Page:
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Heat wave creates health hazard in southwestern US

AP  |  Phoenix 

The southwestern US is about to feel the wrath of a punishing heat wave that includes a forecast of 120 degrees (48.8 Celsius) in Phoenix a temperature not seen in the desert city in more than 20 years.

The broiling temperatures will also be felt in Las Vegas and Southern California, creating a public health hazard.


Rising temps are being closely watched by everyone from airline pilots and emergency room doctors to power grid managers and mountain cities unaccustomed to heat waves.

Even cities accustomed to dealing with 110-degree (43- Celsius) days are grappling with the new problems that arise from 120 degrees (48.8 Celsius).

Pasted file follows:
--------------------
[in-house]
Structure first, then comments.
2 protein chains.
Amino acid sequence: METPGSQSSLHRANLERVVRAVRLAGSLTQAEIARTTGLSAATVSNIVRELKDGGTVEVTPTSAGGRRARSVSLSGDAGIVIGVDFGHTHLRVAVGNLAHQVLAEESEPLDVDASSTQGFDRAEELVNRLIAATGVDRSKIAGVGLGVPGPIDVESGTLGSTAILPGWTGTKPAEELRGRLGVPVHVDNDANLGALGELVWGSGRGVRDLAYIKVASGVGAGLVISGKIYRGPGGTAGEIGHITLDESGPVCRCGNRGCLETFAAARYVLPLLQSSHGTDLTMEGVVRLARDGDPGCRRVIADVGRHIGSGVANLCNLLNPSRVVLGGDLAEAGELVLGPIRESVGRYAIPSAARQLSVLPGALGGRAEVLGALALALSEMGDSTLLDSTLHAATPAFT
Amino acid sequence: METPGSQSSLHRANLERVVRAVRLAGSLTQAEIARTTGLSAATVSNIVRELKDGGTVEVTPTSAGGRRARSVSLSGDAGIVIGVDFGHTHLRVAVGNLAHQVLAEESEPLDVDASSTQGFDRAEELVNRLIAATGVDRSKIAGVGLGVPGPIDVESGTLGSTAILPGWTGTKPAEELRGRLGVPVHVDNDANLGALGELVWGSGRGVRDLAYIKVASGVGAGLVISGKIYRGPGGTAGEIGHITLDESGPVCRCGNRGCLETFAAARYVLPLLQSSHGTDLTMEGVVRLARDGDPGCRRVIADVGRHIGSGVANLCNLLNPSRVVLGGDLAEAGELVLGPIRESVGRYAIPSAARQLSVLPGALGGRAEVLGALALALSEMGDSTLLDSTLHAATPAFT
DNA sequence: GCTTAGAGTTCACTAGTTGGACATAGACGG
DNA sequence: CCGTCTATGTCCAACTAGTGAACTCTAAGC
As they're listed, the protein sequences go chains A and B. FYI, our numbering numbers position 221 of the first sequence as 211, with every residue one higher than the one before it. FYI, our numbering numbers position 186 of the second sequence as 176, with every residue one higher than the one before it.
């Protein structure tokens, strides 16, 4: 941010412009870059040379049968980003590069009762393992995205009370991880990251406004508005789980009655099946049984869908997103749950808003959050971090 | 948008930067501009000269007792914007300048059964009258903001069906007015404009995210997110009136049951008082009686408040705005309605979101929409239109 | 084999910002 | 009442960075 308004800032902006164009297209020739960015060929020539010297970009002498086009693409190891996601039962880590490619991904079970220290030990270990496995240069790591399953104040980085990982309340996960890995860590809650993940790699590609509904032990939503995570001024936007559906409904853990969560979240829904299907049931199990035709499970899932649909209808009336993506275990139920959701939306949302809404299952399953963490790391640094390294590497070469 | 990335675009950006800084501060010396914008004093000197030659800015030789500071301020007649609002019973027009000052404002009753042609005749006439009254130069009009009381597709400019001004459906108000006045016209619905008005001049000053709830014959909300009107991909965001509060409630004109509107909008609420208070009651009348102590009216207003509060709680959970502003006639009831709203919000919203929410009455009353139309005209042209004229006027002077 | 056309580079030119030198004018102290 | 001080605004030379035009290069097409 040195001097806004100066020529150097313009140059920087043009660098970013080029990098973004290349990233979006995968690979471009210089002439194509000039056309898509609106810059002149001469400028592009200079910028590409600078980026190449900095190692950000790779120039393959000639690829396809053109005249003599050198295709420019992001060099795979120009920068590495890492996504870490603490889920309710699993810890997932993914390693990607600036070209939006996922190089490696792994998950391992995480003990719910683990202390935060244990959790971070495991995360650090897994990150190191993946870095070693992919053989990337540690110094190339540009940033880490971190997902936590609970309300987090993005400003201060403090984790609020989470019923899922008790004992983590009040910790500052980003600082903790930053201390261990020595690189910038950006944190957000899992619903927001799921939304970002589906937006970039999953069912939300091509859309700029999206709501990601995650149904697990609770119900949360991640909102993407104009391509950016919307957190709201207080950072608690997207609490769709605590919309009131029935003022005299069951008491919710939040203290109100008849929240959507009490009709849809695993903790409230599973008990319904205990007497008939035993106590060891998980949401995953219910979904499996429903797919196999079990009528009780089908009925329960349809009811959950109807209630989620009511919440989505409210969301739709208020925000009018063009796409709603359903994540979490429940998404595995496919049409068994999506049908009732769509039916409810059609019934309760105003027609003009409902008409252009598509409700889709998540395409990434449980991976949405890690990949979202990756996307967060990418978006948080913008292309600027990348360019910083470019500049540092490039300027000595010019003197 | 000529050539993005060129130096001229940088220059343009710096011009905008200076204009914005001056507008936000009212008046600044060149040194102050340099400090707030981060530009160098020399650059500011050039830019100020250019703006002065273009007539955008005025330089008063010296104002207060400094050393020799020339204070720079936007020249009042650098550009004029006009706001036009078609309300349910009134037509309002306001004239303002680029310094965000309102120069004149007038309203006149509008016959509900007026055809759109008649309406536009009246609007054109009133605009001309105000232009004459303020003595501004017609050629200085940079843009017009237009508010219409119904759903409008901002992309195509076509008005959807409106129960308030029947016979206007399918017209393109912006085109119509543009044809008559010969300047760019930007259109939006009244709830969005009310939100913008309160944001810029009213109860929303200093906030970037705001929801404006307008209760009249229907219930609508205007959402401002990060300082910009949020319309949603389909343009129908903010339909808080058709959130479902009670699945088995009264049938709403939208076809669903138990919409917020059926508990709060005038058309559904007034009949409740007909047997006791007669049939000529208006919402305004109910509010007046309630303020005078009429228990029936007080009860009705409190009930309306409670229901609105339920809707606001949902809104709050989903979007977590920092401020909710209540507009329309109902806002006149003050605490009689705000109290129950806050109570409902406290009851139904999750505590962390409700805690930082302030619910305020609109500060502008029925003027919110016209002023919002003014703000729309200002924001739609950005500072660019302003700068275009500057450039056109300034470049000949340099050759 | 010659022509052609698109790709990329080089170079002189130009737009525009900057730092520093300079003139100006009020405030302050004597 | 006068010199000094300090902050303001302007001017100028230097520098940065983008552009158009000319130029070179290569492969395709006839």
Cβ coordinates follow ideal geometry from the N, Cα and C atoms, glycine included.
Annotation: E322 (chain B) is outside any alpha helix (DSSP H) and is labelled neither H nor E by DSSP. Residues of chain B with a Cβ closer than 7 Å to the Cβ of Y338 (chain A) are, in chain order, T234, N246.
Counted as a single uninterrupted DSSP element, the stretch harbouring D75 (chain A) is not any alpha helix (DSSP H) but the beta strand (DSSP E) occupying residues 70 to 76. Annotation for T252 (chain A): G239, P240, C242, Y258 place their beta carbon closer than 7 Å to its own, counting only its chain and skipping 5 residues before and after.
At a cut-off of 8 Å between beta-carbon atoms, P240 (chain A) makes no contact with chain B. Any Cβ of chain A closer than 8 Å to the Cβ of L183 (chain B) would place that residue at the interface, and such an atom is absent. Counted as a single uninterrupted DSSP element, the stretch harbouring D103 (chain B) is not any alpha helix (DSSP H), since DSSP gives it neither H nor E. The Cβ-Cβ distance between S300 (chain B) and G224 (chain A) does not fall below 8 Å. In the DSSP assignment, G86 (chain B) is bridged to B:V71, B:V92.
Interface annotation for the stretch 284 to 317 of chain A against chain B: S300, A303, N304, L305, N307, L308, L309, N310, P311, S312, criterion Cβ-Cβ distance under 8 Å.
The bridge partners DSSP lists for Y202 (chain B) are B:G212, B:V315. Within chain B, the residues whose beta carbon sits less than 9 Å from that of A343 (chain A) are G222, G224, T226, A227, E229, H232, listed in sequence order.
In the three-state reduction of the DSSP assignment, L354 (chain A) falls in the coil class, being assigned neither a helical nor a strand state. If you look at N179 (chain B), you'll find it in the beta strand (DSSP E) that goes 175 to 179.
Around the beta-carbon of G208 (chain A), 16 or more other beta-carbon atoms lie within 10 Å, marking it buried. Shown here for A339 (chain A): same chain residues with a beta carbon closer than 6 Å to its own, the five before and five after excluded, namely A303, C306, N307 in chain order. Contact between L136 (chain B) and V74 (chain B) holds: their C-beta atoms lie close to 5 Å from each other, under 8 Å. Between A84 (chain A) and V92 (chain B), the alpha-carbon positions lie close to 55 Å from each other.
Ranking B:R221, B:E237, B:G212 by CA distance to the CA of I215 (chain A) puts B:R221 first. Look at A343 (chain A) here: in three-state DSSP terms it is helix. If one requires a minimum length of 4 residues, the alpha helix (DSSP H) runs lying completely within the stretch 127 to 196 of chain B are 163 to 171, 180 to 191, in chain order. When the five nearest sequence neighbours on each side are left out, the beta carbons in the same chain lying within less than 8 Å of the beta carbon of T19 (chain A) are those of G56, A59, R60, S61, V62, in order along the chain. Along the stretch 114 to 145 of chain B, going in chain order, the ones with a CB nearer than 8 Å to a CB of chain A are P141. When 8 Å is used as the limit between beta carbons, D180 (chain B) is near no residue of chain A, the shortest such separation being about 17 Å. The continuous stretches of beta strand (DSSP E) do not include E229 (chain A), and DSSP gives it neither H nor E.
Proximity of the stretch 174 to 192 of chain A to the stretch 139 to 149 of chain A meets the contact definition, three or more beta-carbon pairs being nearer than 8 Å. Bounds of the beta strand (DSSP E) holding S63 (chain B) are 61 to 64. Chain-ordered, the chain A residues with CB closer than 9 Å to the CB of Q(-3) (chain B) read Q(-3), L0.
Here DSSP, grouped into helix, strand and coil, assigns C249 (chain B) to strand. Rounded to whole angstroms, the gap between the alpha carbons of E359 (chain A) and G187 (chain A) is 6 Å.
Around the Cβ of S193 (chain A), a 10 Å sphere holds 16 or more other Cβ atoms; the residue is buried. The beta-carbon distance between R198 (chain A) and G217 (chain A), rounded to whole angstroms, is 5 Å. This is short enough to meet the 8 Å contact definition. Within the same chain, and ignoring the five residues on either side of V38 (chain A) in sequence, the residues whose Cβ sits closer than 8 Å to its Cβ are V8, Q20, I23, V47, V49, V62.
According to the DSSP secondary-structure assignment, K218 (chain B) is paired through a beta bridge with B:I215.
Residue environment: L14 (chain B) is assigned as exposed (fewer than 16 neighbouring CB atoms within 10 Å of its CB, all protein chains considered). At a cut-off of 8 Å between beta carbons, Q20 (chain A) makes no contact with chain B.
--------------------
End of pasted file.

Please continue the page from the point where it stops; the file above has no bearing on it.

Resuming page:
When the temperature soars, it's harder for airplanes to take off.

American Airlines pilot Shane Coffey said extreme heat creates changes in the air density that make it harder for airplanes to take off, meaning pilots have to use more thrust or impose weight restrictions such as flying with less cargo.

Air density on a 90-degree (32-Celsius) day in Denver at more than 5,000 feet elevation is similar to a 120-degree (48.9-Celsius) day in Phoenix at 1,100 feet above sea level, he said.

In 1990, amid a similar heat wave, flights were cancelled at the Phoenix airport because there was too much uncertainty about how the heat would affect aviation performance.

Now, airlines have a better understanding, but the heat is still a concern primarily for smaller, regional jets. Airlines will be closely monitoring the heat this week and some flights could be affected.

(This story has not been edited by Business Standard staff and is auto-generated from a syndicated feed.)

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